Designing a Concentric Approach to Security
November 13, 2002

By Staff
Appeared in Real Estate Weekly

In the past, unauthorized entry was the biggest threat to building security. As the tragic events of and following September 11th have made all too clear, the threats to security have become more varied and sophisticated. In developing a facility security program today, we also have to take into consideration the threats of blast and of biological and chemical weapons.

That is why it is more important than ever to develop a comprehensive security program to protect building users, the business continuity and real estate assets. As part of this process, it is essential to look not only at the hardware and software comprising the building’s security system, but to identify and assess the roles of all human and electronic security assets: integrated electronic security systems; building automation systems; contract security personnel; and public agencies.

Use the results of this assessment to design and implement security measures in six concentric zones, from the interior of the building outward to the public domain.

Zone 1: Protect the Interior
Every building owner has a common need to protect its interior space from unauthorized entry. Some of the means available include:

Zone 2: Protect the Perimeter
The typical multi-tenant building is protected at the perimeter by a base building system. Perimeter security focuses on the following elements, which, ideally, are incorporated into the design of a new structure, but also may be retrofitted:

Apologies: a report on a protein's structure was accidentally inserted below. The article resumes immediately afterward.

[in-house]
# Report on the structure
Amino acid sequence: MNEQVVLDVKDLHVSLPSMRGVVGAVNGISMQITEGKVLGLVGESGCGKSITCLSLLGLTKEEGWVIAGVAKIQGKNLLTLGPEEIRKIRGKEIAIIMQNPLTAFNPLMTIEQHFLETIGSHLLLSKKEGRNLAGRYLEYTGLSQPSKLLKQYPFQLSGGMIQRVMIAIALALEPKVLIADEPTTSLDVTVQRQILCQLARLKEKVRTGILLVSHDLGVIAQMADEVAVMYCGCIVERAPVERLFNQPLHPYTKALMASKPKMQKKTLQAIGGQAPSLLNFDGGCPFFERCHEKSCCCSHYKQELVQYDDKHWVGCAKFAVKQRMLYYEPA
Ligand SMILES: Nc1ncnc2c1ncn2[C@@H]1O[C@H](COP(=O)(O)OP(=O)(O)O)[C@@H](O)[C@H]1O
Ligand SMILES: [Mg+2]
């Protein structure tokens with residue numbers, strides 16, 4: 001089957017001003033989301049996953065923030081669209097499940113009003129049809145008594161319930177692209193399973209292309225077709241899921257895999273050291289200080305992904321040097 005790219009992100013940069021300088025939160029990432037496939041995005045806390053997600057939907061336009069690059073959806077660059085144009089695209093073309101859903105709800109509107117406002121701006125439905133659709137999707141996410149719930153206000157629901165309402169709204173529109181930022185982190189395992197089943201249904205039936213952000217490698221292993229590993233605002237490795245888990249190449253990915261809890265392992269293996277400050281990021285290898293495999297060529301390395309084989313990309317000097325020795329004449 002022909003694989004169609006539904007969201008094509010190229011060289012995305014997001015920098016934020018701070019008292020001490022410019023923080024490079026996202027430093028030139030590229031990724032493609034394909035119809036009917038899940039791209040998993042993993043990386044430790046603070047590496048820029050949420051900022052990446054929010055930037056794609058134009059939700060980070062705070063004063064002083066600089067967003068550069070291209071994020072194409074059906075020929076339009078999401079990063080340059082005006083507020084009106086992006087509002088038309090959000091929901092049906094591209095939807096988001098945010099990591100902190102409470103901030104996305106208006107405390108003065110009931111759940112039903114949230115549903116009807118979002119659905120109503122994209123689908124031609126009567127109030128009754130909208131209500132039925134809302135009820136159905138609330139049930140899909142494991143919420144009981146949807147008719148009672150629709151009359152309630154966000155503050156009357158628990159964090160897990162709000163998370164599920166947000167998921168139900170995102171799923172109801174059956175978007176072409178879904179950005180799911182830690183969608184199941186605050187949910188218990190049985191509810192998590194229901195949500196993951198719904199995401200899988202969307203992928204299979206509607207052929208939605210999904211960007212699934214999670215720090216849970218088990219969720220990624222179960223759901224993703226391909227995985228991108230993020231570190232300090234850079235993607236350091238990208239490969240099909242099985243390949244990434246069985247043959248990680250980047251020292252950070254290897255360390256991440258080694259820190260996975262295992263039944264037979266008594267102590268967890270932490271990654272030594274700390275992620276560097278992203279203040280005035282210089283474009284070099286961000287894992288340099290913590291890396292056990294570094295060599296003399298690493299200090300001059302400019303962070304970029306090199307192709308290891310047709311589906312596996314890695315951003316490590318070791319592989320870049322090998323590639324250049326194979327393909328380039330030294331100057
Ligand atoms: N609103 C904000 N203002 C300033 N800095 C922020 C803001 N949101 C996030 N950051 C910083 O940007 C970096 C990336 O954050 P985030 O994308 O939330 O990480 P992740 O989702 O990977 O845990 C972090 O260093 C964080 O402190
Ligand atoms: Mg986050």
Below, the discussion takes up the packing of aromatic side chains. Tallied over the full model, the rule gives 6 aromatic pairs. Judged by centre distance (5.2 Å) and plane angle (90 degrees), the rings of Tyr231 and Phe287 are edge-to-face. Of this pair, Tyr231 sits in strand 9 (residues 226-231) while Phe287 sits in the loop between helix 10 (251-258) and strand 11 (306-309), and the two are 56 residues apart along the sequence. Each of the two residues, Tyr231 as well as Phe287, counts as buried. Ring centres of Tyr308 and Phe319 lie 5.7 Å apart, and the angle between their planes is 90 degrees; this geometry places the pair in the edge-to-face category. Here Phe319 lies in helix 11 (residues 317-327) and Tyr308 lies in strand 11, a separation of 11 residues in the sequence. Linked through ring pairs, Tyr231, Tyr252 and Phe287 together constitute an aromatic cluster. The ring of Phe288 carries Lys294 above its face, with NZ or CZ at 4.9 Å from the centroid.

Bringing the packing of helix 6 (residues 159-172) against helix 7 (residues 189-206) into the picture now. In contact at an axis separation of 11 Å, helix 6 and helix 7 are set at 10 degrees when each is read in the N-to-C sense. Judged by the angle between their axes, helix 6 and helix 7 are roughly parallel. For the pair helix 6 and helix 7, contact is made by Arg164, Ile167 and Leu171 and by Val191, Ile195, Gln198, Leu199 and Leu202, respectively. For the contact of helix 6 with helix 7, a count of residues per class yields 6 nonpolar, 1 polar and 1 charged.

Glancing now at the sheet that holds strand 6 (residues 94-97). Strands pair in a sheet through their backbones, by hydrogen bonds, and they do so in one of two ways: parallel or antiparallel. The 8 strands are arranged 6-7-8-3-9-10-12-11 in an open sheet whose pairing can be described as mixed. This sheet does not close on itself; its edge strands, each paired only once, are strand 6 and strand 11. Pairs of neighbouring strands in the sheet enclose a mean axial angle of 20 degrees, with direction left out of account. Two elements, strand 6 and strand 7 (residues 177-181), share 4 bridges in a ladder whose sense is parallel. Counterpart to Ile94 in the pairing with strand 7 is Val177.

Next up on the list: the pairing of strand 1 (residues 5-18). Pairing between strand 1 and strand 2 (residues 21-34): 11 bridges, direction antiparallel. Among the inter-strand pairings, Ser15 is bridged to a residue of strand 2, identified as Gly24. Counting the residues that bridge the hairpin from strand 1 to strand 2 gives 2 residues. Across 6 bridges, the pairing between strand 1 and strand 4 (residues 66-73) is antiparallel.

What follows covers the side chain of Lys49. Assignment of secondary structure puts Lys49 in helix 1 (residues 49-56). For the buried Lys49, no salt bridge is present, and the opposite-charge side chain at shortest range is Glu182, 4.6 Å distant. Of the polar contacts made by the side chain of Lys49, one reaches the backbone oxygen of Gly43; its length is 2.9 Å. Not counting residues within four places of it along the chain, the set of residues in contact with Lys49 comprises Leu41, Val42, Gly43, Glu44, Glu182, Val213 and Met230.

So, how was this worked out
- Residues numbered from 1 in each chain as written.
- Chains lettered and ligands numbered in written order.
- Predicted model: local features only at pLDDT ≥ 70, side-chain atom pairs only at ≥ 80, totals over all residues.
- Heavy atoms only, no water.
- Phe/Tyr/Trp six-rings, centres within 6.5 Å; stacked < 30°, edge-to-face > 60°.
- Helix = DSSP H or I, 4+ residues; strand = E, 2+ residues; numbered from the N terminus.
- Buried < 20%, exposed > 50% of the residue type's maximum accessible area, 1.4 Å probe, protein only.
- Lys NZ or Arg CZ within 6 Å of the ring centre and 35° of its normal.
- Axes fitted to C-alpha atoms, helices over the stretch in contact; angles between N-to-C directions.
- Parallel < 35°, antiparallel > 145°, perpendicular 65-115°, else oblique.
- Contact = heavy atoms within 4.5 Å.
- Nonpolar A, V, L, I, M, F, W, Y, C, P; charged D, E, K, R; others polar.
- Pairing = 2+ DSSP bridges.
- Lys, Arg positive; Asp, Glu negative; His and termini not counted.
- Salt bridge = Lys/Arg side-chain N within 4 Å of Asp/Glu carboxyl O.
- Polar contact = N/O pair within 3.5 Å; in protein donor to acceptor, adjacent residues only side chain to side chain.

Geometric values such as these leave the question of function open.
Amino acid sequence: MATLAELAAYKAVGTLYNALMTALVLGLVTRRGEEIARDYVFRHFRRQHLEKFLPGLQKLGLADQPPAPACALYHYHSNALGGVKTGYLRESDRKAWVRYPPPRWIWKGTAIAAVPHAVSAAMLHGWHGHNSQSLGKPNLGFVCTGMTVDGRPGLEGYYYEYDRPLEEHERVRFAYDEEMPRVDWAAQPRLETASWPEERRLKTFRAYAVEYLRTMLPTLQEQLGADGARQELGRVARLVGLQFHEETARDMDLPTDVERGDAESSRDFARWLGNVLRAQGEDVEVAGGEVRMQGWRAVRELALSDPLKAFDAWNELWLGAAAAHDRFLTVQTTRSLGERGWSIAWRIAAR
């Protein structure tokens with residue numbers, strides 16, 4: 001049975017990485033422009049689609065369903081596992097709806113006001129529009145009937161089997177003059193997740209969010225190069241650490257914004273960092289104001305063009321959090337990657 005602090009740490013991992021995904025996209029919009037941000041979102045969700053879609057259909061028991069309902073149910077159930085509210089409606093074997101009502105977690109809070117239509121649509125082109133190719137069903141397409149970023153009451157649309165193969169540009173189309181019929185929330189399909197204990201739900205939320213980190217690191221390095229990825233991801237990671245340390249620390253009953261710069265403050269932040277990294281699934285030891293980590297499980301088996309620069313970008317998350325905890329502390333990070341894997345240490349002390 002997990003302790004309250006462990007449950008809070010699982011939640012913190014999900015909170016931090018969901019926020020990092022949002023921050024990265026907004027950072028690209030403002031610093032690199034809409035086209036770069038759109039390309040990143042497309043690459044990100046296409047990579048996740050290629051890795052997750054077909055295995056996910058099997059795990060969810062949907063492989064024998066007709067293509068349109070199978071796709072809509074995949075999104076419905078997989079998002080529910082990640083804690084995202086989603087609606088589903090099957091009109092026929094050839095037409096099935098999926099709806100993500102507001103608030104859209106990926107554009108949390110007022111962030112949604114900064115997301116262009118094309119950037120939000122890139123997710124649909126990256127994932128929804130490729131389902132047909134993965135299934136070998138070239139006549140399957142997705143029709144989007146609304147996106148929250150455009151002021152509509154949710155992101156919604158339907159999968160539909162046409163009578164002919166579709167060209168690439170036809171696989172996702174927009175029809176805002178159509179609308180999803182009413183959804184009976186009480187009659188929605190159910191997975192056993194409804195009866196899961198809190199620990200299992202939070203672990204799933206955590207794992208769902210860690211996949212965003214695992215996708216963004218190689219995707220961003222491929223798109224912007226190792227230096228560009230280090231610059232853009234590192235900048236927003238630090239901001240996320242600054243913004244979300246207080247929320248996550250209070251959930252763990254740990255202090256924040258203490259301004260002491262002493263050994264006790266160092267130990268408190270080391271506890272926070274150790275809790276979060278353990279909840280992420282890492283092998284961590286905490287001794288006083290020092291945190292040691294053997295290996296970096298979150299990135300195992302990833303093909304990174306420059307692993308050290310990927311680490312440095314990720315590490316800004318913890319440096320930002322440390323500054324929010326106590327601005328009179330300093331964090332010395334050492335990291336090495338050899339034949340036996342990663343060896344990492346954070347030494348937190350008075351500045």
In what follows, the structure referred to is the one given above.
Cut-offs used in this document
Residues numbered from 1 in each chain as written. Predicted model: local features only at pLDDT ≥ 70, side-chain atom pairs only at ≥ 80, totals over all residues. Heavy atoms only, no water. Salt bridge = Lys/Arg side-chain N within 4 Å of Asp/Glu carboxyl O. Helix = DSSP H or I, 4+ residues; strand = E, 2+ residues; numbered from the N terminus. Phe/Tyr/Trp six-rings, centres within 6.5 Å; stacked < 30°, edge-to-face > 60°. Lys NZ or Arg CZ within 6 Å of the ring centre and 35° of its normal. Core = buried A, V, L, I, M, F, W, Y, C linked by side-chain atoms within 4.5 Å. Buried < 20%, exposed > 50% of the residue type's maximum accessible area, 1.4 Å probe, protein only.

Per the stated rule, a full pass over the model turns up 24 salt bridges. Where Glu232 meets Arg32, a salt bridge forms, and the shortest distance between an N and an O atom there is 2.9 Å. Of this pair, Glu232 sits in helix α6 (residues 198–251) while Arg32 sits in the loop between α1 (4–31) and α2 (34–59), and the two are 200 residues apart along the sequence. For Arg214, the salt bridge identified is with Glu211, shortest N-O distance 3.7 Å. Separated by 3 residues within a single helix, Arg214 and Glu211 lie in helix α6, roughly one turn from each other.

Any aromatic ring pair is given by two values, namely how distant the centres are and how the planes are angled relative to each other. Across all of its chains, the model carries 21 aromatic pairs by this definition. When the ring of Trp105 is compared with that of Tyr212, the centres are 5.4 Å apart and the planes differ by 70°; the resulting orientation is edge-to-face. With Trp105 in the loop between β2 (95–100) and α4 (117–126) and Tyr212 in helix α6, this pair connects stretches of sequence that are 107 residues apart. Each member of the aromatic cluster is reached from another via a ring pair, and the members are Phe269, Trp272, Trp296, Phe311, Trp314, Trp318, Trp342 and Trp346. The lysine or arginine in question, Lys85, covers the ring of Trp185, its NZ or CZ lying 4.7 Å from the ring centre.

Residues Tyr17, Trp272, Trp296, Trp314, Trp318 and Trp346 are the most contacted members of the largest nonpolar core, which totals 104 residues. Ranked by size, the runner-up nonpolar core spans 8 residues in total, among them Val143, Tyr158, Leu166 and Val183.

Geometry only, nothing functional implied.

Zone 2: Mail Facilities
Mail facilities are vulnerable to biological and chemical weapons, as well as unauthorized entry:

Zone 2: Air systems
The building’s air systems and mechanical room (if located on the perimeter) are vulnerable. Protect air handling systems from tampering:

Zone 3: Building Grounds
Building grounds should be treated as a defensive zone to prevent cars and trucks, which might be carrying explosives, from crashing into the building. A typical security measure against these threats is the installation of highway barriers, but these are unsightly. Instead, use landscape elements effectively to create a stand-off zone around the building, remembering that the effect of blasts diminishes with distance from the blast center:

Zone 4: Sidewalk & Property Boundary
Implement effective security measures at the property line:

Zone 5: Parking Structure & Lanes
Parking structures are a significant area of vulnerability. Limit and monitor access and use, particularly if within or under the main part of the building:

Zone 6: Public Domain
Finally, leverage the assets that are available to property owners in the public domain: streets, police, fire and emergency services departments. Coordinate security policies and procedures with public agencies at the local, state and federal levels, as appropriate. Establish a liaison to obtain real-time intelligence about actual and potential threats.

In today’s world, property owners, developers and managers must take a holistic approach to security planning, programming and system design. They must assess the full range of security assets available – both human and electronic – and develop a system that protects the property at every zone from the interior to the public domain.